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HARD TO ESCAPE FROM IRAQ

Back in September, when Jacques Chirac, had urged a speedy handover of power to the Iraqis as the best way to clear the mess in Iraq, Condoleezza Rice, the national security adviser of the United States of America, was scathing. “The French plan, which would transfer sovereignty to an unelected group of people, just isn’t workable,” she said. But that was two months and many American soldiers’ deaths ago.

Now it’s just what’s needed to get US troops out of the line of fire before George W. Bush faces American voters less than a year from now. In Bush’s emergency talks on Wednesday with the US occupation chief, L. Paul Bremer, it was agreed that “Iraqization” will go into high gear. Legal control will be handed over promptly to a bunch of unelected but pro-American Iraqis, then they’ll hold an election sooner or later, and we’ll worry about a constitution much later.

But what might have worked two months ago will be a lot harder to pull off now. Why should the Iraqis accept the rule of the Pentagon protégé, Ahmed Chalabi, a convicted embezzler with a 22-year jail sentence awaiting him in Jordan, who has spent practically his whole life abroad' And even if Washington were willing to give control of the transition to the United Nations (which it still isn’t), what countries would send troops to Iraq to replace American soldiers — even under UN auspices — after what happened to the Italian troops in Nasiriyah'

Power struggle

The Bush administration can hand over “power” in Iraq to anyone it likes, but the armed resistance won’t stop and the major local players will pay little attention. Already, their main preoccupation is manoeuvring for position in the scramble for power that would follow a US pull-out — a scramble that could easily end in a civil war.

Imagine the scenario four months from now: March, 2004. There is an Iraqi government of sorts, with “President” Chalabi or some dignified nonentity at its head, but several of its ministers have been killed by the resistance. There is an Iraqi police force and the beginnings of an army, but both are heavily infiltrated by the resistance and their training and morale are so poor that they need US military back-up whenever anything serious happens. And every day, something serious happens: a roadside bomb, a suicide attack, mortar rounds hitting some American base.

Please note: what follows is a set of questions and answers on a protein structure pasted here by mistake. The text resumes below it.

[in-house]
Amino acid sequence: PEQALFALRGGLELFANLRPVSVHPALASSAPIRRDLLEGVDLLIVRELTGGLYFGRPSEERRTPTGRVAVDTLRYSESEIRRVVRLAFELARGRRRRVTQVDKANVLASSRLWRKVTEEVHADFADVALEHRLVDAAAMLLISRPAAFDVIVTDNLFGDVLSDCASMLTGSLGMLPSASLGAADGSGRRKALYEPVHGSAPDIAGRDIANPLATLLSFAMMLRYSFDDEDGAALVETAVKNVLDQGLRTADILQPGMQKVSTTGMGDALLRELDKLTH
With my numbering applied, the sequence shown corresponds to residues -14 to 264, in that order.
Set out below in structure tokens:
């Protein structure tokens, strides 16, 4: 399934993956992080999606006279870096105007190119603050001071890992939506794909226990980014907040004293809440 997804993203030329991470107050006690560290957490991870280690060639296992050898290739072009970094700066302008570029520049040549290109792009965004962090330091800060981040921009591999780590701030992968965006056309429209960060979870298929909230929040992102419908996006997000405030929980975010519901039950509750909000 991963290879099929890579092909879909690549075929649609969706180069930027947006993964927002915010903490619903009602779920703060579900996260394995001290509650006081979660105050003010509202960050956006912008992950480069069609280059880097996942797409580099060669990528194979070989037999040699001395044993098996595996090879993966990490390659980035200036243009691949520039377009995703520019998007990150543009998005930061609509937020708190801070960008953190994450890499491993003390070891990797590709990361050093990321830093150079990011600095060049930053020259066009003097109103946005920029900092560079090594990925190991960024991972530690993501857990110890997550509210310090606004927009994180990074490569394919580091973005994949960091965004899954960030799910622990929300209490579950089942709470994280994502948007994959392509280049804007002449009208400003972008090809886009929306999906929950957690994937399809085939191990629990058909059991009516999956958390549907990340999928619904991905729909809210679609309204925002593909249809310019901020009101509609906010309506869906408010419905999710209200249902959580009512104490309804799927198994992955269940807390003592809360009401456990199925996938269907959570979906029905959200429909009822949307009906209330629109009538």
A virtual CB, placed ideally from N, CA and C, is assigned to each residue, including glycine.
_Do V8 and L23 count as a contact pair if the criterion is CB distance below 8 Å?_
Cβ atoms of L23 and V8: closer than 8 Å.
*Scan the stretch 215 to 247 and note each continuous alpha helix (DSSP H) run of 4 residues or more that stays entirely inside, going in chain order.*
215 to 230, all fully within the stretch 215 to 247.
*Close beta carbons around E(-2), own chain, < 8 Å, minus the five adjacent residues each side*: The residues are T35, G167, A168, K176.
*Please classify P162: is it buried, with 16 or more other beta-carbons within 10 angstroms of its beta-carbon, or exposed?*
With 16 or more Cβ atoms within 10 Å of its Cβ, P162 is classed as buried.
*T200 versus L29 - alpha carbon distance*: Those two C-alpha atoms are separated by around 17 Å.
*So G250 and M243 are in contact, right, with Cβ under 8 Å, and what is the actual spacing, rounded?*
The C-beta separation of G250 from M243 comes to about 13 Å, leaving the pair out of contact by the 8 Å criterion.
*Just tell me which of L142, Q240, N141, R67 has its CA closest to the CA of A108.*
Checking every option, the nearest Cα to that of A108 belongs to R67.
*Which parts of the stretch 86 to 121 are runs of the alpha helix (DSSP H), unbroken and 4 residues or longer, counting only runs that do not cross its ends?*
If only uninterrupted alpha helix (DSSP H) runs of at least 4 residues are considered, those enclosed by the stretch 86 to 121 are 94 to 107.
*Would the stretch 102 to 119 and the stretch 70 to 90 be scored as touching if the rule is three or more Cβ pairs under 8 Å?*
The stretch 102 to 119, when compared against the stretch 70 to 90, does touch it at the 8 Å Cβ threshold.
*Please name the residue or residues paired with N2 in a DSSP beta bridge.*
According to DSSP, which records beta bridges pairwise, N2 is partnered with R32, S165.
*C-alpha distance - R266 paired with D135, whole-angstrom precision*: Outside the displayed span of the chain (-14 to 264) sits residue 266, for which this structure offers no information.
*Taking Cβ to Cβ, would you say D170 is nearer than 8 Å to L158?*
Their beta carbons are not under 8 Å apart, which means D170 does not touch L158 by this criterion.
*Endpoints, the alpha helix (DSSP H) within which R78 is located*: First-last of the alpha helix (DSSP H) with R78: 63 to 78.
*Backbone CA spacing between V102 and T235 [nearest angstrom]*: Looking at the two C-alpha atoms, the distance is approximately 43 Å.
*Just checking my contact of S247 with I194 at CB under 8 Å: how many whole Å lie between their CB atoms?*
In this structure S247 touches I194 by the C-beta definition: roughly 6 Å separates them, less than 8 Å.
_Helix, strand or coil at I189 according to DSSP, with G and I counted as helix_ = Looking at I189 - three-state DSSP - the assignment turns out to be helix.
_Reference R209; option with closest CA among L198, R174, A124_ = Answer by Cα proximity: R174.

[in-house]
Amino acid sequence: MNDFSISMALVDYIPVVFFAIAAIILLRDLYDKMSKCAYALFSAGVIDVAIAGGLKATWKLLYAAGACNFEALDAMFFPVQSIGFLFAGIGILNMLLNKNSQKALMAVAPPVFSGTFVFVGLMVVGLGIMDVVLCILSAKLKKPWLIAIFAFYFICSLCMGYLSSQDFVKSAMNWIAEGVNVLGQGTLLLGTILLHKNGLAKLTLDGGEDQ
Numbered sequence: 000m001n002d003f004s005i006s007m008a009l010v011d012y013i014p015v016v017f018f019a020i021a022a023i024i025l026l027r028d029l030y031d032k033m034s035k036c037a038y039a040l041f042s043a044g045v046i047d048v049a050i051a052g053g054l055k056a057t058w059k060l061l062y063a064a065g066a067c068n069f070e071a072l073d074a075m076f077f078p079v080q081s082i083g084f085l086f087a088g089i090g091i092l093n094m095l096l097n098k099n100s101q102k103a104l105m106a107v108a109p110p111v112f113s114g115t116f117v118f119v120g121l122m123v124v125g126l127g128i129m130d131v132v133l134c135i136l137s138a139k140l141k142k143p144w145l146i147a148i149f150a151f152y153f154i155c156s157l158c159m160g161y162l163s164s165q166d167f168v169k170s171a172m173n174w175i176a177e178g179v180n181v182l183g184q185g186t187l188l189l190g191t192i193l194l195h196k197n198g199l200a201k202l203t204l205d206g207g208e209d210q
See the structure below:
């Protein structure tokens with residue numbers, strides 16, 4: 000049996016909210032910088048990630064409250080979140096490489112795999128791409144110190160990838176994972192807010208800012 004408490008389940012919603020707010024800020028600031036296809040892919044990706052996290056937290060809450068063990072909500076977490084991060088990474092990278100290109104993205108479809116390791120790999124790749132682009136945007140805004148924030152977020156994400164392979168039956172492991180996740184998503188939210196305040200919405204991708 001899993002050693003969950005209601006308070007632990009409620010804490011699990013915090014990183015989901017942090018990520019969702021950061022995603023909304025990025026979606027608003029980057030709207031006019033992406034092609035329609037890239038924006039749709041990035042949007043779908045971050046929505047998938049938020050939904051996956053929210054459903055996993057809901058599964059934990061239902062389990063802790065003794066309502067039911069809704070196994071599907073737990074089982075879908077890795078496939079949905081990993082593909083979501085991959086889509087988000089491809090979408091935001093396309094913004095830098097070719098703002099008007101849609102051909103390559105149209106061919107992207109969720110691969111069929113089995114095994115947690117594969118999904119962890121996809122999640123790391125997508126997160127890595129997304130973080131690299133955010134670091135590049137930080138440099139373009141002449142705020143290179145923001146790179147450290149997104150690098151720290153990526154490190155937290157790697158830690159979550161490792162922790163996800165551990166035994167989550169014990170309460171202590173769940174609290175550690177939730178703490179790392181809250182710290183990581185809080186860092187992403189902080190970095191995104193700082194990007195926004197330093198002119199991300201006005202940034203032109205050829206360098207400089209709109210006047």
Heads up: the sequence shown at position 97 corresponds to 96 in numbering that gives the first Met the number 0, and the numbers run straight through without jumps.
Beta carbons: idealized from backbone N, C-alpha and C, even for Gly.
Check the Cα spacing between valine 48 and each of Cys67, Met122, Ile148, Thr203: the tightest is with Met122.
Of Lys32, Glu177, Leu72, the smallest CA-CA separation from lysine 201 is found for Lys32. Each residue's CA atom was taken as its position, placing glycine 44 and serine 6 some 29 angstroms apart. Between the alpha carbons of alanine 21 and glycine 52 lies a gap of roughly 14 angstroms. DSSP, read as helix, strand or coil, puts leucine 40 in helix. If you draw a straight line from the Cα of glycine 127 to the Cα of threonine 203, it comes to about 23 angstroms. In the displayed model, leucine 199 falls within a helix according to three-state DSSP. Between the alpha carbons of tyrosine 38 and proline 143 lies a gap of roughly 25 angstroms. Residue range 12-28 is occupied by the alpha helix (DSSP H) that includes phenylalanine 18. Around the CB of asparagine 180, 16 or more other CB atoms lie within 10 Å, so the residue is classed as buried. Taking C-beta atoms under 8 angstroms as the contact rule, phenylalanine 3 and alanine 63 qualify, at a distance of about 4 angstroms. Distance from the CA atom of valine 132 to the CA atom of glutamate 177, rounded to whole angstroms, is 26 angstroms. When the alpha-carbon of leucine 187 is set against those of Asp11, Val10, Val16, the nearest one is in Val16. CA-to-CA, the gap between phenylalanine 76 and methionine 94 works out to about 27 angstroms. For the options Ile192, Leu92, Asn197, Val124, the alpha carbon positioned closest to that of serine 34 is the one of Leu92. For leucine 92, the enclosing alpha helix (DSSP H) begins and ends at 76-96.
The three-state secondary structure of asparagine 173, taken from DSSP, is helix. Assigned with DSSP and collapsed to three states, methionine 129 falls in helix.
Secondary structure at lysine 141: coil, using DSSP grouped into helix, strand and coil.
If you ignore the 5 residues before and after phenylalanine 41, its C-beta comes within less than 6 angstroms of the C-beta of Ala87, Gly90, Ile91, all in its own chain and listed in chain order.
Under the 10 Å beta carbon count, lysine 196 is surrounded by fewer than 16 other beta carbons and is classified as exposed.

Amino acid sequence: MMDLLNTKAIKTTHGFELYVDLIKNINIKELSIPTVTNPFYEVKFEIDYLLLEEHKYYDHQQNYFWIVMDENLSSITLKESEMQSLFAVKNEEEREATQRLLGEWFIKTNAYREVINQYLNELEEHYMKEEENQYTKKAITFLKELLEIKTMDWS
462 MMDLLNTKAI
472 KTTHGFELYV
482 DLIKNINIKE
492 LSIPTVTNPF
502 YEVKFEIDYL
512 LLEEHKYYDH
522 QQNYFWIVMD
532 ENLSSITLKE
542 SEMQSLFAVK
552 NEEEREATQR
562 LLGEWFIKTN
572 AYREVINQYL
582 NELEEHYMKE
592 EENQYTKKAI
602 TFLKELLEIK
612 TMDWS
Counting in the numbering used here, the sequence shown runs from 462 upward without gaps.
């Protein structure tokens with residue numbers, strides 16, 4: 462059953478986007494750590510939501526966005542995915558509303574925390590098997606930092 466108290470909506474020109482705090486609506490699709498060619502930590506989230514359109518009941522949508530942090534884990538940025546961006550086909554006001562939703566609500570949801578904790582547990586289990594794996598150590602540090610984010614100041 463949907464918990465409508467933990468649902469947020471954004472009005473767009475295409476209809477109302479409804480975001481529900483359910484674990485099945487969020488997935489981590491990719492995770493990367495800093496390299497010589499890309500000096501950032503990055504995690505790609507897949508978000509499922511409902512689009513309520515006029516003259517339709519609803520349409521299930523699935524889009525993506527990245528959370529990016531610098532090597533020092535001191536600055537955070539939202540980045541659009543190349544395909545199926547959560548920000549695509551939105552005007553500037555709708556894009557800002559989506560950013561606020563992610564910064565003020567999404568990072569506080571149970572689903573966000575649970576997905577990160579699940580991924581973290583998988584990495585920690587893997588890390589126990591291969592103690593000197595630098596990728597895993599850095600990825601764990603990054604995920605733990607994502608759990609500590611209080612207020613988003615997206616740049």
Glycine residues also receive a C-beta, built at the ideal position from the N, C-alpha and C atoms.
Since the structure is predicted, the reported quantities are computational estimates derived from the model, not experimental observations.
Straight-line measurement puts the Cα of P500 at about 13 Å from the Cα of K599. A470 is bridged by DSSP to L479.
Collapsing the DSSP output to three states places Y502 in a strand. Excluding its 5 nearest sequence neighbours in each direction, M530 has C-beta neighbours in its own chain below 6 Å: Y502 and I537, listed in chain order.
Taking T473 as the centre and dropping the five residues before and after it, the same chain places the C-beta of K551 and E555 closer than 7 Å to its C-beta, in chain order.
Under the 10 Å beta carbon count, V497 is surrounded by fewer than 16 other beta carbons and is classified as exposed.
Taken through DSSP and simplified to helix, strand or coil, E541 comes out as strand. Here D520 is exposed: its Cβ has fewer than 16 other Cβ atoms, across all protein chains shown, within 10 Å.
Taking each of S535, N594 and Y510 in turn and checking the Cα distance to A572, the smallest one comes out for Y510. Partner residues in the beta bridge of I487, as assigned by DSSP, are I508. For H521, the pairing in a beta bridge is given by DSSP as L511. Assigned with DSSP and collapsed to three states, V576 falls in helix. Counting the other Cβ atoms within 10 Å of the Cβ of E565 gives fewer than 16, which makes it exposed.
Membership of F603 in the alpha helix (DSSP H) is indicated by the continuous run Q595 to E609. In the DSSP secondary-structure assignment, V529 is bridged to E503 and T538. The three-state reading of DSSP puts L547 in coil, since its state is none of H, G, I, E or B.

The US is still losing several soldiers each day, but the Bush administration can’t pull the American troops out of Iraq unless it is willing to see its puppet government massacred and the bodies dragged through the streets of Baghdad on live television before the November election. A strong anti-war candidate has emerged from the Democratic pack — Howard Dean or Wesley Clark — and is leading Bush in the polls. What would the Bush administration do then'

Syria next

I think it would do absolutely anything to turn the situation around — and the obvious thing is to drop all the recent nonsense about bringing democracy to the Arab world and get back to the earlier nonsense about Iraq being part of the “war on terrorism”.

If the resistance is really just coming from a combination of Saddam loyalists and “foreign terrorists” (as most official American sources still insist), then obviously the solution is to stop the foreign terrorists from infiltrating into Iraq. Where do they come from' According to the sources, mostly Syria and Iran. We have to “root them out” in their lairs in Syria and Iran. Since Iran is a big, mountainous country whose government has popular support, and Syria a much smaller, mostly flat country with an unpopular government, the choice makes itself. Also, if the target is Syria, then Israel (at least, under Ariel Sharon) would be glad to help.

This is obviously crazy stuff — invading a country just to rally popular support during an election campaign — and its long-term consequences would be calamitous for west Asia, the US and international rule of law. Sadly, that does not mean that it’s impossible. In fact, it’s getting likelier by the week.

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